The Zoning Commission wants Georgetown University and the surrounding community to address their town-gown conflicts in a productive arena, namely outside the and the commission's hearing room at 441 4th St., NW.
Zoning Commission Chairman Anthony Hood has consistently pushed for Georgetown University and members of the Georgetown community to regularly discuss the impacts the school and its students have on the surrounding neighborhoods as more effective way to find common ground on those issues.
Hood points to a successful community relations effort by Howard University as the model on which Georgetown and other universities should base their relationships with neighbors. Just last week, Hood, along with with his fellow commissioners, approved the American University (AU) campus plan in part because AU followed Hood's advice.
AU created a Community Liaison Committee similar to the one Hood says has been so successful in resolving issues around Howard University.
The key parts of this committee are:
-that a top-ranking administration official is present and engaged;
-that the meetings would be regular (at least quarterly);
-that any unresolved issues can/should be resolved through a third party moderator, chosen with input by the community and paid for by the university.
Though Commissioner Hood remarked at the final AU Campus Plan hearing, "Nobody wants to meet, to meet," that's exactly how opponents of the GU Campus Plan view previous meetings between community leaders and the university adminstrators.
For a year leading up to the filing of GU's plan, Altemus attended nearly-weekly meetings with top administration officials, she said. While "we met in good faith, we tried to mitigate any objectionable conditions, nothing really came of it," she said.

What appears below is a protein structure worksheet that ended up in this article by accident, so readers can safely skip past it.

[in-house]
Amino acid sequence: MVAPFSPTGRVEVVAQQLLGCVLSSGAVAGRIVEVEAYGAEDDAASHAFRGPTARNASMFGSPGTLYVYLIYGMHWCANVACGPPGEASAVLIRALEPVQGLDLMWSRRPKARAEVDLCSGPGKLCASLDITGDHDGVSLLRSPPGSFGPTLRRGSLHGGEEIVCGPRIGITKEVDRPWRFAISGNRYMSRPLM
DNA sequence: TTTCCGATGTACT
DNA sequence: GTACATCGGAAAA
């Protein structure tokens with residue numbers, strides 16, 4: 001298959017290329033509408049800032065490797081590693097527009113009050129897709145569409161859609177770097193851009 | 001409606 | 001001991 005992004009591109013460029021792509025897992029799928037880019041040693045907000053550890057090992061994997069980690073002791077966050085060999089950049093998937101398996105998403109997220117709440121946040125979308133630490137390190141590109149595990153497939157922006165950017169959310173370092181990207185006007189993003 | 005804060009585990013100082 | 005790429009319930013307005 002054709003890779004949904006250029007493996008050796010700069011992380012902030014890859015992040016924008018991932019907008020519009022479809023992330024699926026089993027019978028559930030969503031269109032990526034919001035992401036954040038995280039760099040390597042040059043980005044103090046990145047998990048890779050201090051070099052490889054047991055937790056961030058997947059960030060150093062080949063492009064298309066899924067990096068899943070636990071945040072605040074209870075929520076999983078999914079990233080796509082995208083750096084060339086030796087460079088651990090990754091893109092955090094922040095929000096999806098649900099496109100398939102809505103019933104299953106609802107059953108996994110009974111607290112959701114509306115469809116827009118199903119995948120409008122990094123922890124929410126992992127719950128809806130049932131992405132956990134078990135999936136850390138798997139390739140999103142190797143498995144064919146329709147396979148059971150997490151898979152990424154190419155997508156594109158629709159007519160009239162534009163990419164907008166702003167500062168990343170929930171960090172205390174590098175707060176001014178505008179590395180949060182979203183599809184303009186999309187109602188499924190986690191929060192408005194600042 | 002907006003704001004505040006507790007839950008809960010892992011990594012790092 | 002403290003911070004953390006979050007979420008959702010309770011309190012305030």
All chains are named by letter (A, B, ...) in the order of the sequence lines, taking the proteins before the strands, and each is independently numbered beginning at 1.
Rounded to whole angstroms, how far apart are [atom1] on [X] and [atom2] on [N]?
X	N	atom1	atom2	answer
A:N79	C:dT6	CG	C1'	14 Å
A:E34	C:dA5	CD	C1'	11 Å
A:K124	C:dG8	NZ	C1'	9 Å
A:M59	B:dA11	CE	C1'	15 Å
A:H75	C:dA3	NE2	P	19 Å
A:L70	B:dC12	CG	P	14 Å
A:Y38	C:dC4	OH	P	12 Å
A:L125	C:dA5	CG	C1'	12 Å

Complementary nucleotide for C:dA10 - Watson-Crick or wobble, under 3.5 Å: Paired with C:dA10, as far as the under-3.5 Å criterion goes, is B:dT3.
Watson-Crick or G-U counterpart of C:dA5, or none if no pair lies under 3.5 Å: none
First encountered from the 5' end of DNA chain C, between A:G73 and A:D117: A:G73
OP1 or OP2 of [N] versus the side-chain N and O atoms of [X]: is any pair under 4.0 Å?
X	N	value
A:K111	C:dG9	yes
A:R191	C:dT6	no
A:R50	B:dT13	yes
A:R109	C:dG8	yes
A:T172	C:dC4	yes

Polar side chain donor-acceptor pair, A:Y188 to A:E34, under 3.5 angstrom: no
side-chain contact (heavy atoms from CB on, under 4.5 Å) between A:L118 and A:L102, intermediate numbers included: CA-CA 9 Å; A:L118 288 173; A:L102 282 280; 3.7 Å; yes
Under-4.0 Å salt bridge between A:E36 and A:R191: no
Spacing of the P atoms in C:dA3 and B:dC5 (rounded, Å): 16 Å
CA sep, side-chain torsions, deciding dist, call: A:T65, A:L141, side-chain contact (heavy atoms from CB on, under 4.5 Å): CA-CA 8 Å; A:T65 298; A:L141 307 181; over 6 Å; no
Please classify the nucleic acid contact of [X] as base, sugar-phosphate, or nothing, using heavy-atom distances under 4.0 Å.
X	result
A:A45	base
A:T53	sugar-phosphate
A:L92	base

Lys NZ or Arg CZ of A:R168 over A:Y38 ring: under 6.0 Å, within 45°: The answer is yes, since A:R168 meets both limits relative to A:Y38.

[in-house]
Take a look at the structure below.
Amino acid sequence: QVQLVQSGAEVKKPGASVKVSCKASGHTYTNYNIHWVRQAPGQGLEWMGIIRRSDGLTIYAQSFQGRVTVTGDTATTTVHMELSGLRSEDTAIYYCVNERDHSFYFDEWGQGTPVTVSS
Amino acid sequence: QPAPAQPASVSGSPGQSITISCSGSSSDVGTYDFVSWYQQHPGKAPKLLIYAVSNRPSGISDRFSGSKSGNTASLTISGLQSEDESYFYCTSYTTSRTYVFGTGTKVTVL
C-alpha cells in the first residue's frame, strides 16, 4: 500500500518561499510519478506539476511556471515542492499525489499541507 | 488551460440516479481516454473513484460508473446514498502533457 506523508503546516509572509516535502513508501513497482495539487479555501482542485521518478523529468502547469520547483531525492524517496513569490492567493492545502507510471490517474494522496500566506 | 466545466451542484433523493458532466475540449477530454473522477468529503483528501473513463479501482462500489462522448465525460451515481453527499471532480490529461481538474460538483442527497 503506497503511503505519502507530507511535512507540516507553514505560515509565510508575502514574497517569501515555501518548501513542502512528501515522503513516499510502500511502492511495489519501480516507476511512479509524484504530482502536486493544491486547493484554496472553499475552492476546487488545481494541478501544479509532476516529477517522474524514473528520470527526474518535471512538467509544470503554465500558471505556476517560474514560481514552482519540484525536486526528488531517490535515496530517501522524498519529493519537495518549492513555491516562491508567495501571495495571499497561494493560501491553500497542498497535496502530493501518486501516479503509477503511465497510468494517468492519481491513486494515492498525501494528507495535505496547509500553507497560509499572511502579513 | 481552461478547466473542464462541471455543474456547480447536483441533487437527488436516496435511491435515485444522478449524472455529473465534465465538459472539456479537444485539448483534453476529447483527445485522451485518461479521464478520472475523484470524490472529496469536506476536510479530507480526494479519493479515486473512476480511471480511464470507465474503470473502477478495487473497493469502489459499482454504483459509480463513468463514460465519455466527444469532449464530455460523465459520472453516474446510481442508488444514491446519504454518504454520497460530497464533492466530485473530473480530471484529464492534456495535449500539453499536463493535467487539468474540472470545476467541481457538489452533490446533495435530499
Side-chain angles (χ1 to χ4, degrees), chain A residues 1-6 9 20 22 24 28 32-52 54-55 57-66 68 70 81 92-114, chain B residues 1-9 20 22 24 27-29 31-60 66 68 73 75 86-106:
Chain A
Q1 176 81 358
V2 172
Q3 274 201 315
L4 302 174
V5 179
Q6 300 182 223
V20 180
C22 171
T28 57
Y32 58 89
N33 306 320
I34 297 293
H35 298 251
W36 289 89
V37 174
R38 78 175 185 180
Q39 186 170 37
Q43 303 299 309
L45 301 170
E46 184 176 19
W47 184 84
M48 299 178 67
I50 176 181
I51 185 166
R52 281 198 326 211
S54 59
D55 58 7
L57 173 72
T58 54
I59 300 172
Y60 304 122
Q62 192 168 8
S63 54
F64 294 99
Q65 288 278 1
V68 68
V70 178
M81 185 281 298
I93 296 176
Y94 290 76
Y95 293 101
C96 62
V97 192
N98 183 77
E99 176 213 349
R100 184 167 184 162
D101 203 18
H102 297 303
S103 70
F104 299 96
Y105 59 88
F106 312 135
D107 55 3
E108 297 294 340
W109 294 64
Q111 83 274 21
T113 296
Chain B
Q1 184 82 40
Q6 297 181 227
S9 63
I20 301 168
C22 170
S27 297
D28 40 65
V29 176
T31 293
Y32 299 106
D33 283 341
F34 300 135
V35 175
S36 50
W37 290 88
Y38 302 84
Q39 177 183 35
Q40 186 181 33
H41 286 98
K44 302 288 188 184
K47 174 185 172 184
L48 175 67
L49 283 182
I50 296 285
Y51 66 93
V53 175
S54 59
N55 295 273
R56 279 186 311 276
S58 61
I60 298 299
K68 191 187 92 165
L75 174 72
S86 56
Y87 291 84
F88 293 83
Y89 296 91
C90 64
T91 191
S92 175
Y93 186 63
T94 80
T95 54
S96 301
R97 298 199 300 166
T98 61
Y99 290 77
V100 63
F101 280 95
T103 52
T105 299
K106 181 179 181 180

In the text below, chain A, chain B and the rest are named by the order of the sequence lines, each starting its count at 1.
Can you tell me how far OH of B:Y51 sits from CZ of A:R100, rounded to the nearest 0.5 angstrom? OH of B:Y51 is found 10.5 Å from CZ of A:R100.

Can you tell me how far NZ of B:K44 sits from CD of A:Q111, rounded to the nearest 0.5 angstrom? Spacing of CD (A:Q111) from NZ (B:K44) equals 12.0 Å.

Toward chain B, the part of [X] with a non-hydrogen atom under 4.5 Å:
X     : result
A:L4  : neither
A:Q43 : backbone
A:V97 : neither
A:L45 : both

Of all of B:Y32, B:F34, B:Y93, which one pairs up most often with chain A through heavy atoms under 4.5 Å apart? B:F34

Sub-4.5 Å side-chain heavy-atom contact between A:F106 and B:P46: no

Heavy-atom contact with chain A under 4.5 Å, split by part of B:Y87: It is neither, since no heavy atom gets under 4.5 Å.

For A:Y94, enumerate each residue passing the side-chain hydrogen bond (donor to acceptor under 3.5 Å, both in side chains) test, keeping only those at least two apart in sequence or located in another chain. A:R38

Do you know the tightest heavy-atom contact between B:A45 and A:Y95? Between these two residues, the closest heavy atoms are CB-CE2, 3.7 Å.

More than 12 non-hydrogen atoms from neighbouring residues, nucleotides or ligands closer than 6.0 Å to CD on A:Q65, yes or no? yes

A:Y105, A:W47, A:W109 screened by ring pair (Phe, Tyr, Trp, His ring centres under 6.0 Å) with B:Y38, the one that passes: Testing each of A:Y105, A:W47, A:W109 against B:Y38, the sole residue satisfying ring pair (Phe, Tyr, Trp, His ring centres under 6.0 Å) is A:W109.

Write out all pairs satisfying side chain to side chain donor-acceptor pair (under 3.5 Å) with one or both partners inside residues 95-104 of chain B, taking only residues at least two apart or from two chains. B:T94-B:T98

These previous experiences leave Altemus skeptical that any new community outreach program to address town-gown issues would work.
"We don’t have a lot of faith in the University choosing to listen to us," she said.
At the end of the , Hood tasked GU with providing information that showed that its quality of life efforts were working. Georgetown's filings on its efforts are due in April prior to a public meeting May 10.
Stacy Kerr, a spokesperson for the University, told Patch in an email that senior administrators had met on several occasions with Howard University to discuss their community-based solutions.
Kerr said GU is using the time before the next Zoning Commission action to "look for ways to restructure and engage with our neighbors to find mutually beneficial solutions."
But neighbors hope the Zoning Commission will make a decision and one that reflects the opinion of the Office of Planning (OP), which and more housing outside the Georgetown zip code.
, most commissioners agreed that students living off-campus have had a demonstrated, negative impact on the quality of life for neighbors. But they were not comfortable with imposing the strict limitations suggested by OP.
"I am very uncomfortable with the idea that we would put in place a complete exclusion of Georgetown students from the neighborhoods surrounding the university," said.
Still, Altemus says, "I feel optimistic, since OP is really standing firm with us and they are the guiding office" for the commission.
That optimism is based, in part, on necessity.
"It’s really our only hope," she said. "We don’t have a lot of wiggle room. We are really worried that we are going to lose our community."
For Georgetown's part, it says it's examining all options "to find systems and processes that reflect our commitment to being a good neighbor and allow all of the stakeholders involved to work together to find solutions to the challenges that we face. No option is off the table and many reasonable solutions are being considered," Kerr said.
Whether or not those solutions are enough for the community or the Zoning Commission remains to be seen.